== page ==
Geissler tubes. The tubes are usually evacuated to pressures of about 40, 10, 6, 3, 0.14
and 0.03 mmHg.

40 mm Hg streamers of brilliant purple light flickering between electrodes

10 mm Hg streamer broadens and becomes a mauve colour (positive column) –

fills tube except for Faraday dark space near cathode

6 mm Hg
larger Faraday dark space
and shorter positive column
negative glow near cathode

3 mm Hg cathode is covered with a soft reddish glow - the cathode glow
A new dark region - Crookes dark space - separates the cathode from
the negative glow. Faraday dark space still separates the negative glow
from the positive column. Positive column broken up into several bright
striations – button shaped with their convex side facing the cathode and
are regularly spaced.

0.14 mm Hg Width of the Crookes dark space increases. The negative glow becomes
brighter and expands towards the anode. At the same time the positive
column decreases and eventually disappears so that the negative glow
then fills the tube. Further reductions in the pressure results in further
expansion of Crookes dark space and the shrinkage of the negative glow.

Pressures < 0.05 mmHg - Crookes dark space fills the tube as the negative glow and
positive column disappear. A bright fluorescence is now observed on the wall of the
tube near the anode. The colour of the fluorescence is determined by the chemical
composition of the glass and not by the nature of the gas in the tube. In ordinary glass
the fluorescence is bright green due to manganese. Tubes at these low pressures form
the basis of the fluorescent tube. The tubes are coated with a fluorescent material.

Pressure < 0.001 mm Hg - ions and electrons make very few collisions in travelling the
length of the tube. The positive ions will acquire a large kinetic energy by the time
they strike the cathode. Because of this bombardment, the cathode emits particles
called cathode rays. These cathode rays travel away from the cathode in
approximately straight lines which are perpendicular to the surface of the cathode.
These cathode rays are electrons.



Crookes Dark Space

In a gas at low pressure, ions can acquire sufficient kinetic energy from a strong
applied electric field to cause ionization or excitation of atoms and molecules by
collisions. The electric field in the region near the cathode is very high, much higher
than in any other part of the tube. This large electric field in the Crookes dark space
causes the ionization of many ions and molecules producing free electrons and positive
ions. The ions thus formed produce more ionizations. Electrons are also produced by
the impact of the rapidly moving positive ions with the surface of the cathode. Since
the ions have high kinetic energy, they ionise atoms and molecules more frequently
than they excite then. Therefore, little right is emitted. Both negative and positive ions
are moved from the space in front of the cathode because of the applied electric field.
Since the electrons are less massive than the positive ions they are removed more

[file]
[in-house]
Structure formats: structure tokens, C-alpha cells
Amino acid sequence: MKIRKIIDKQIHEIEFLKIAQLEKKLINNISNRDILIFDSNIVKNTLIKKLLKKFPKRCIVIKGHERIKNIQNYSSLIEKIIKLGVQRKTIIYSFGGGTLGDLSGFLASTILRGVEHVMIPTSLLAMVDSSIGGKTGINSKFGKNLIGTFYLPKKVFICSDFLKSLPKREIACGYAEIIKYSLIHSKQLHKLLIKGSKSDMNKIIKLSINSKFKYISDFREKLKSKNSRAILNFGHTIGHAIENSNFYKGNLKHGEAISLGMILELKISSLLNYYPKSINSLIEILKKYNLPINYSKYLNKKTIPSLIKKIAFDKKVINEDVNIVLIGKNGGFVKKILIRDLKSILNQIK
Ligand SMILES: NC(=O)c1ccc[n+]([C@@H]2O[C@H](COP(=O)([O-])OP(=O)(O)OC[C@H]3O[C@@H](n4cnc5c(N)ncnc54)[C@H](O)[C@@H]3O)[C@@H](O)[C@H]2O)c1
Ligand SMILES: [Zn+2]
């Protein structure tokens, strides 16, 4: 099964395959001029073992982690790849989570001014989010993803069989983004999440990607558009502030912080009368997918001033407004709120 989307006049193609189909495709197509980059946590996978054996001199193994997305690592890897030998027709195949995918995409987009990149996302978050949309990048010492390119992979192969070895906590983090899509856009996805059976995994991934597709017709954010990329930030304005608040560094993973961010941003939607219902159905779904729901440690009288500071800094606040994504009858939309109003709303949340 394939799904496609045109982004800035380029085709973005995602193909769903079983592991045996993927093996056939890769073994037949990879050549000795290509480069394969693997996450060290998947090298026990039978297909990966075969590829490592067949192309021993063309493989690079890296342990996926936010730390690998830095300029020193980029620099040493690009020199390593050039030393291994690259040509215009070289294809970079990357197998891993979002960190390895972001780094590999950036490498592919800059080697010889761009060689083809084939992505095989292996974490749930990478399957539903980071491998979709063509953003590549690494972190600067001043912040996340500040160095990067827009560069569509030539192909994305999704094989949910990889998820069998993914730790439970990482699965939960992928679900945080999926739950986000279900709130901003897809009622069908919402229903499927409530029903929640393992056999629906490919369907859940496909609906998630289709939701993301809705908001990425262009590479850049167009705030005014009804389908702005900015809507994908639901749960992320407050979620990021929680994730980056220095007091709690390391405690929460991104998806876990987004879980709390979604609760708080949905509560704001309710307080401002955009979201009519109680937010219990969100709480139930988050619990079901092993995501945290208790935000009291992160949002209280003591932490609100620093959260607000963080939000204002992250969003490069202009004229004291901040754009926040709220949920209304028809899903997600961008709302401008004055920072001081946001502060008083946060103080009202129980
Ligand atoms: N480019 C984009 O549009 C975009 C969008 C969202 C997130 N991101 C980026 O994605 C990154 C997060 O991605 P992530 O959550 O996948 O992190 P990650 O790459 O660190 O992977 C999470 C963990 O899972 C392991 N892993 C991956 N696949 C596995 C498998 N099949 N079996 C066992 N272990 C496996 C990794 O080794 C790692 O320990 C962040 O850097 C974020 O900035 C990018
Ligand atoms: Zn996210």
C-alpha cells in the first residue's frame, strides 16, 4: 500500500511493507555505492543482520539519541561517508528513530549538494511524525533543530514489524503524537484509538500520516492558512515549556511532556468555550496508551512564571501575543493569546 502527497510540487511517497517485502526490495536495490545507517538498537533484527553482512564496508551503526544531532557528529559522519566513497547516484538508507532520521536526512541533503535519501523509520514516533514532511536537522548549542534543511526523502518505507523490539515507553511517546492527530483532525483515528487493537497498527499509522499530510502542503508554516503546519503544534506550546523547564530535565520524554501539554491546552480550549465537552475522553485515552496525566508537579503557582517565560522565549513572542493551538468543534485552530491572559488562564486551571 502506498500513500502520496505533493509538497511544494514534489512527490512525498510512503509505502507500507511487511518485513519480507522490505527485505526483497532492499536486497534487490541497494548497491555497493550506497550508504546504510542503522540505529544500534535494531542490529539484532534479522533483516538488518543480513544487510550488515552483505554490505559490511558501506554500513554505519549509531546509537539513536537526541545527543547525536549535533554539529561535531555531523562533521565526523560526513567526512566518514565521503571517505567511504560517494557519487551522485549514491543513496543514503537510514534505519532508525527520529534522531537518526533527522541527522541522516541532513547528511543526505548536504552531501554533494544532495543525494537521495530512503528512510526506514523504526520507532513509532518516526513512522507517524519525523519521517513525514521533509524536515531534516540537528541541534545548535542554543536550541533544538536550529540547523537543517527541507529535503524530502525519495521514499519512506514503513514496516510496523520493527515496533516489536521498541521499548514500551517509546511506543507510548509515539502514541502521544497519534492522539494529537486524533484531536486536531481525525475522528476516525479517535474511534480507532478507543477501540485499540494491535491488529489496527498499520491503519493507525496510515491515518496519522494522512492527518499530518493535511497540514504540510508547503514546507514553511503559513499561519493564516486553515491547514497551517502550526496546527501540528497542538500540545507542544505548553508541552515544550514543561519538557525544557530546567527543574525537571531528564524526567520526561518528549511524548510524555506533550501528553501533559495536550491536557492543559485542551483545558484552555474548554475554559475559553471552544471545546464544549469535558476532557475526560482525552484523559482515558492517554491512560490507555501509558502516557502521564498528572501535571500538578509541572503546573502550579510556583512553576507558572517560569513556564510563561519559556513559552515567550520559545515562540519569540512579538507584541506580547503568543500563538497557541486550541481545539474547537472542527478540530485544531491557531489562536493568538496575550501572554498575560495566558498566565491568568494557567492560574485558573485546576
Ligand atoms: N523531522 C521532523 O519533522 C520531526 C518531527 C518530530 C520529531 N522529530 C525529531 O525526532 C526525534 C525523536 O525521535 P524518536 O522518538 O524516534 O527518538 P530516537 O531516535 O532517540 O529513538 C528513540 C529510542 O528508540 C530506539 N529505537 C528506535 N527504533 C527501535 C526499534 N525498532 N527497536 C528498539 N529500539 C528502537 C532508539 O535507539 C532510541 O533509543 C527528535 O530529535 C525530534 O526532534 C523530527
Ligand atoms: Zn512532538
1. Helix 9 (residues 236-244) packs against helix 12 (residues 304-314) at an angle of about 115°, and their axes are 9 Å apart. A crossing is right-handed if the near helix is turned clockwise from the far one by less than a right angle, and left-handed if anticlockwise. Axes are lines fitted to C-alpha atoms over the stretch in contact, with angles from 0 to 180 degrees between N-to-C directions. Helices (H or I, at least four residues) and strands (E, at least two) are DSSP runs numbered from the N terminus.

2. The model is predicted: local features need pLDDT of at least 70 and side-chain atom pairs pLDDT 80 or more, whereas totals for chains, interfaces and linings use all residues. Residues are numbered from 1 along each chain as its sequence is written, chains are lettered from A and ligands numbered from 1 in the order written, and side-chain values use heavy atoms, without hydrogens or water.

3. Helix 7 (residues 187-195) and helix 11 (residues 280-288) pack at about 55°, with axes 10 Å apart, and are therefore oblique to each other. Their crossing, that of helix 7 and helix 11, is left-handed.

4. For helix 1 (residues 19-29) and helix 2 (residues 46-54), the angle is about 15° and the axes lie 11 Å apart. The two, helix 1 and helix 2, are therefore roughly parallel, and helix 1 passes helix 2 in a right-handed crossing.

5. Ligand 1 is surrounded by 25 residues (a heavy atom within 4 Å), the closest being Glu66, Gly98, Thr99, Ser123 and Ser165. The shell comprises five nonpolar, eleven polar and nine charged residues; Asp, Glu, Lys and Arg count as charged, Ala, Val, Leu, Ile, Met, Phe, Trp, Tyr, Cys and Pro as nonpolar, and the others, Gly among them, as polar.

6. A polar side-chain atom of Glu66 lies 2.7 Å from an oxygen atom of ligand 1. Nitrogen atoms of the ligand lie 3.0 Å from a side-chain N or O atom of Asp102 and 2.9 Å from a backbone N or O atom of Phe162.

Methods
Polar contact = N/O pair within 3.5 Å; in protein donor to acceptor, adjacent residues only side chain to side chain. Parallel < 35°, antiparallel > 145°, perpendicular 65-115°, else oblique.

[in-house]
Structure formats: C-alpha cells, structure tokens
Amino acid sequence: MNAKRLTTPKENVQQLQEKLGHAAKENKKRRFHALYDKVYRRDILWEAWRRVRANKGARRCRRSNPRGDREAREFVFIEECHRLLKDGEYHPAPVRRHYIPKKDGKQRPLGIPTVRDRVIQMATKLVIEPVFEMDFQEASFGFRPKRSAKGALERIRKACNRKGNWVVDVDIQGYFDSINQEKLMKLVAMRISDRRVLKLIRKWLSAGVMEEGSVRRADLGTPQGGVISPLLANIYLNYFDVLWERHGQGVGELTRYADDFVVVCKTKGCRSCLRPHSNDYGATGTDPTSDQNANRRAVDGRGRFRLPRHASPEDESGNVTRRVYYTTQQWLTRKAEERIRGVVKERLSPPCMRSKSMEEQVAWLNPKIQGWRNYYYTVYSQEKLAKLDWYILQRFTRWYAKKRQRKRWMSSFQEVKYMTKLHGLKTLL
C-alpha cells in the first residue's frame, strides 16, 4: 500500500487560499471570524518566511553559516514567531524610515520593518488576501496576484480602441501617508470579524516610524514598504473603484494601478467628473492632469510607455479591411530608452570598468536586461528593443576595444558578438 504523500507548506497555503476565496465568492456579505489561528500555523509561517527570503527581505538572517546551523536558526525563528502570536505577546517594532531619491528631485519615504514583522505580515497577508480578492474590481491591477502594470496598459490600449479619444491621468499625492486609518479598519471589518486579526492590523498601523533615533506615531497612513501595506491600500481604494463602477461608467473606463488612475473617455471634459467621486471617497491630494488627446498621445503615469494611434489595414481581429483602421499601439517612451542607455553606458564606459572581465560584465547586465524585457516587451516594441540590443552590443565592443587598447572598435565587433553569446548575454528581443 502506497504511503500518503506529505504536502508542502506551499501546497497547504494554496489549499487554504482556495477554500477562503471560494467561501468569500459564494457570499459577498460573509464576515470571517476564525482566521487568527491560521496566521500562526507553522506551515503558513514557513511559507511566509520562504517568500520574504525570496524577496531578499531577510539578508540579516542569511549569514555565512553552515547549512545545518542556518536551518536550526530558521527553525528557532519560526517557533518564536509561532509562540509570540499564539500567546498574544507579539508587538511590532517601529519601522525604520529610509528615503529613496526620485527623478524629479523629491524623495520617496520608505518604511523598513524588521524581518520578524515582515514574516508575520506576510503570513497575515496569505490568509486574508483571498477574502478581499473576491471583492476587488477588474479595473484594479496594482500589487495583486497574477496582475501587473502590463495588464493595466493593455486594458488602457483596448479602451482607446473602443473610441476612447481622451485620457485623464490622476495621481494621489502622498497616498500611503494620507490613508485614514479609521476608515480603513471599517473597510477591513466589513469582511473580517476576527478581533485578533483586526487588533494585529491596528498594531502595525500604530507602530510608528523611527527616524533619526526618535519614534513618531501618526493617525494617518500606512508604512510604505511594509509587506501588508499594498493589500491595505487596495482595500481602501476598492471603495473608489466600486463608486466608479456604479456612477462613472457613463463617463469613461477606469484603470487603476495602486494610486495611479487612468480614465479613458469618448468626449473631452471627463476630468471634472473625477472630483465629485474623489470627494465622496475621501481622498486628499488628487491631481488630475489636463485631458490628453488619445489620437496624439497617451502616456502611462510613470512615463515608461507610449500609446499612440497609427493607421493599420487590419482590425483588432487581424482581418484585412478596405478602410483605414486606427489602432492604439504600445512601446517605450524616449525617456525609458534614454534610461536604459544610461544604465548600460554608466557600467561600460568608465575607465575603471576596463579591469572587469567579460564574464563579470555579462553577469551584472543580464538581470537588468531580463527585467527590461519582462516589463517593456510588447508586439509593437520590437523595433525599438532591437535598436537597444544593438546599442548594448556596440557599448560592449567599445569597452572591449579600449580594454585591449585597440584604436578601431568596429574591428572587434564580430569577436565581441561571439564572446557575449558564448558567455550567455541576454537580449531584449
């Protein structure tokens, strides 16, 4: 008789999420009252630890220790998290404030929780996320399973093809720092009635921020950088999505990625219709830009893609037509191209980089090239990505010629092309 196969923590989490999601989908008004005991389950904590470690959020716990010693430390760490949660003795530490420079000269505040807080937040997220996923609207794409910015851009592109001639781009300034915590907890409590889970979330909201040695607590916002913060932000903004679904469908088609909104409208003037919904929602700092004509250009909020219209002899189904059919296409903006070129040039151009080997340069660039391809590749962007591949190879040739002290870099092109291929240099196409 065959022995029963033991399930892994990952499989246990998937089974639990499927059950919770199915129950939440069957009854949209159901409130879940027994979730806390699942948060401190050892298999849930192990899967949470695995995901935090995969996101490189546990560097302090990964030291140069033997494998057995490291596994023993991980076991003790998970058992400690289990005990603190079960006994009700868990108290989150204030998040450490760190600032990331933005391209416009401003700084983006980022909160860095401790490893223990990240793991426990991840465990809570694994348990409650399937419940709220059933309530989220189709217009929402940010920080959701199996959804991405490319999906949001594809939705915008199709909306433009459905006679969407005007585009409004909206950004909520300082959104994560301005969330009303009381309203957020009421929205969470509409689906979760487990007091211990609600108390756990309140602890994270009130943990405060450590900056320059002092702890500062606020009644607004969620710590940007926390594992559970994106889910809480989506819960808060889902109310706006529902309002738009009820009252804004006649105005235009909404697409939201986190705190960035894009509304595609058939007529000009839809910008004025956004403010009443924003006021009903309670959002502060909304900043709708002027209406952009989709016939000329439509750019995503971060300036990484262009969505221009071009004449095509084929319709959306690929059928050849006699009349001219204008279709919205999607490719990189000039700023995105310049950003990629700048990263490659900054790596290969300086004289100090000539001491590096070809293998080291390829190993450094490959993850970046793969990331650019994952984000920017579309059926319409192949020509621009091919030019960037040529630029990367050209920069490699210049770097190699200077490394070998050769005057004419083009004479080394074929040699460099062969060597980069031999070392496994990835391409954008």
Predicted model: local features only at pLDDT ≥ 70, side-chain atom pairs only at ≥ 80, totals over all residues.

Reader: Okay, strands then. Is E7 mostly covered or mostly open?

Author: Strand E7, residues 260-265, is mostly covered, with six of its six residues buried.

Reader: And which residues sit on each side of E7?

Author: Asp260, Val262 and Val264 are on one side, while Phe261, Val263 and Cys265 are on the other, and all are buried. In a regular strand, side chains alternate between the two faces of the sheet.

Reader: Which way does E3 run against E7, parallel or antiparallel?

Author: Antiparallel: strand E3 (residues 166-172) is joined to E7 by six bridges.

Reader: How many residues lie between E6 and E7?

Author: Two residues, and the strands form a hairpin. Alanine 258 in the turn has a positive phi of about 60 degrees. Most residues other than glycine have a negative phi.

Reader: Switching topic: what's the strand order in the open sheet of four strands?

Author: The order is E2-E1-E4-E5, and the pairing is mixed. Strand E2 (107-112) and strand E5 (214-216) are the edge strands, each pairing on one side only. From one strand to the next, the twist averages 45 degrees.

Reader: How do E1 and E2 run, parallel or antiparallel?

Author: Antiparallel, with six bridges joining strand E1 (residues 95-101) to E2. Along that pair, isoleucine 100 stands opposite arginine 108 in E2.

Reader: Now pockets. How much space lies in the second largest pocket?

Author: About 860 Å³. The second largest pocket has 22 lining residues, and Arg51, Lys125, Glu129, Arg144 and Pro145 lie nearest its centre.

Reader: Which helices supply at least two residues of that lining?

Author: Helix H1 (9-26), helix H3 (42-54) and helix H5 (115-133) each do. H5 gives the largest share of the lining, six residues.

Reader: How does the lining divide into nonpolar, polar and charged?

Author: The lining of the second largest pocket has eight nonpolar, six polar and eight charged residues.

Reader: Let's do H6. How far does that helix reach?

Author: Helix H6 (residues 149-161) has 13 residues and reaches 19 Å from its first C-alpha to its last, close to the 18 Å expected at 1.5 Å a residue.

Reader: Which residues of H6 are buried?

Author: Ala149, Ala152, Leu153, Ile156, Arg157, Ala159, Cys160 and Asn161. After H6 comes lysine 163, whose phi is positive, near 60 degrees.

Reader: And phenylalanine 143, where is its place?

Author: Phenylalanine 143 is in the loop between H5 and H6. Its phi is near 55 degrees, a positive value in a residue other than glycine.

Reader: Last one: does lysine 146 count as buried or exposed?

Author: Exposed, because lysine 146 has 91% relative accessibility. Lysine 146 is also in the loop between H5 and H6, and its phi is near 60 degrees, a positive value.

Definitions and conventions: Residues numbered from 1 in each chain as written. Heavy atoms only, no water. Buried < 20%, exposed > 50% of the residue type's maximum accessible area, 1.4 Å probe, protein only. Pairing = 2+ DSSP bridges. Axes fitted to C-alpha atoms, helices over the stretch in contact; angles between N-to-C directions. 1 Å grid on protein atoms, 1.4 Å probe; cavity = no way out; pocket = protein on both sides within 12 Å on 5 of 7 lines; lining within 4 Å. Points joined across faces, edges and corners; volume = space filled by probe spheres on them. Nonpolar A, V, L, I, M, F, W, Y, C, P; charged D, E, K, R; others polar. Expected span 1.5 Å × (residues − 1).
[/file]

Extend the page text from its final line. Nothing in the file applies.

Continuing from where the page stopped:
rapidly. Therefore, an excess of positive ions occurs. This accumulation of positive ions
accounts for the large electric field in this region.

Negative glow region

The electrons produced in the Crookes dark space accelerate into negative glow region.
The negative glow region is characterised by high concentrations of electrons and
positive ions. Therefore, the electric field strength is low in this region. Thus, intensive
recombinations of electrons and positive ions into neutral atoms and molecules occur.
This results in the emission of light by the discharge, i.e., the negative glow is mainly
due to a glow of recombination. Positive ions formed in the negative glow are
attracted to the cathode and thus maintain the supply of negative ions.

Faraday dark space

In this region, there is a low concentration of electrons and ions, hence, the probability
of recombination in the Faraday dark space is low. The electrons formed in the
negative glow do not acquire sufficient energy to produce fresh ionisations in the
Faraday dark space. This is why this region appears dark.

Positive column
The current across the Faraday dark space is due mainly due to electrons drawn from
the negative glow region. Thus, there is an accumulation of negative charge in this
region which produces an increase in the electric field strength until it is sufficiently
large to cause fresh ionisations by collisions. This point marks the beginning of the
positive column. The glow of the positive column is due to the radiation of excited
atoms and molecules (low energy collisions are more likely to produce excitation than
ionisation). Most of the transitions are to the ground state. Molecules of different
gases emit radiation of different frequencies in such transitions.

The glow of the positive column has a characteristic colour for each gas.

The glow from the positive column is used widely in advertising to produce "neon
signs". Neon gas discharge tubes produce a red glow, argon ones a bluish-green glow.
Most of the recombination between electrons and positive ions occurs at the walls and
thus the walls are heated. The positive column is often striated. The striations are due
the loss in kinetic energy of the electrons in the dark regions and then further
excitation of atoms and molecules within the bright band as electrons are accelerated
from the dark bands into the bright bands by an increasing electric field.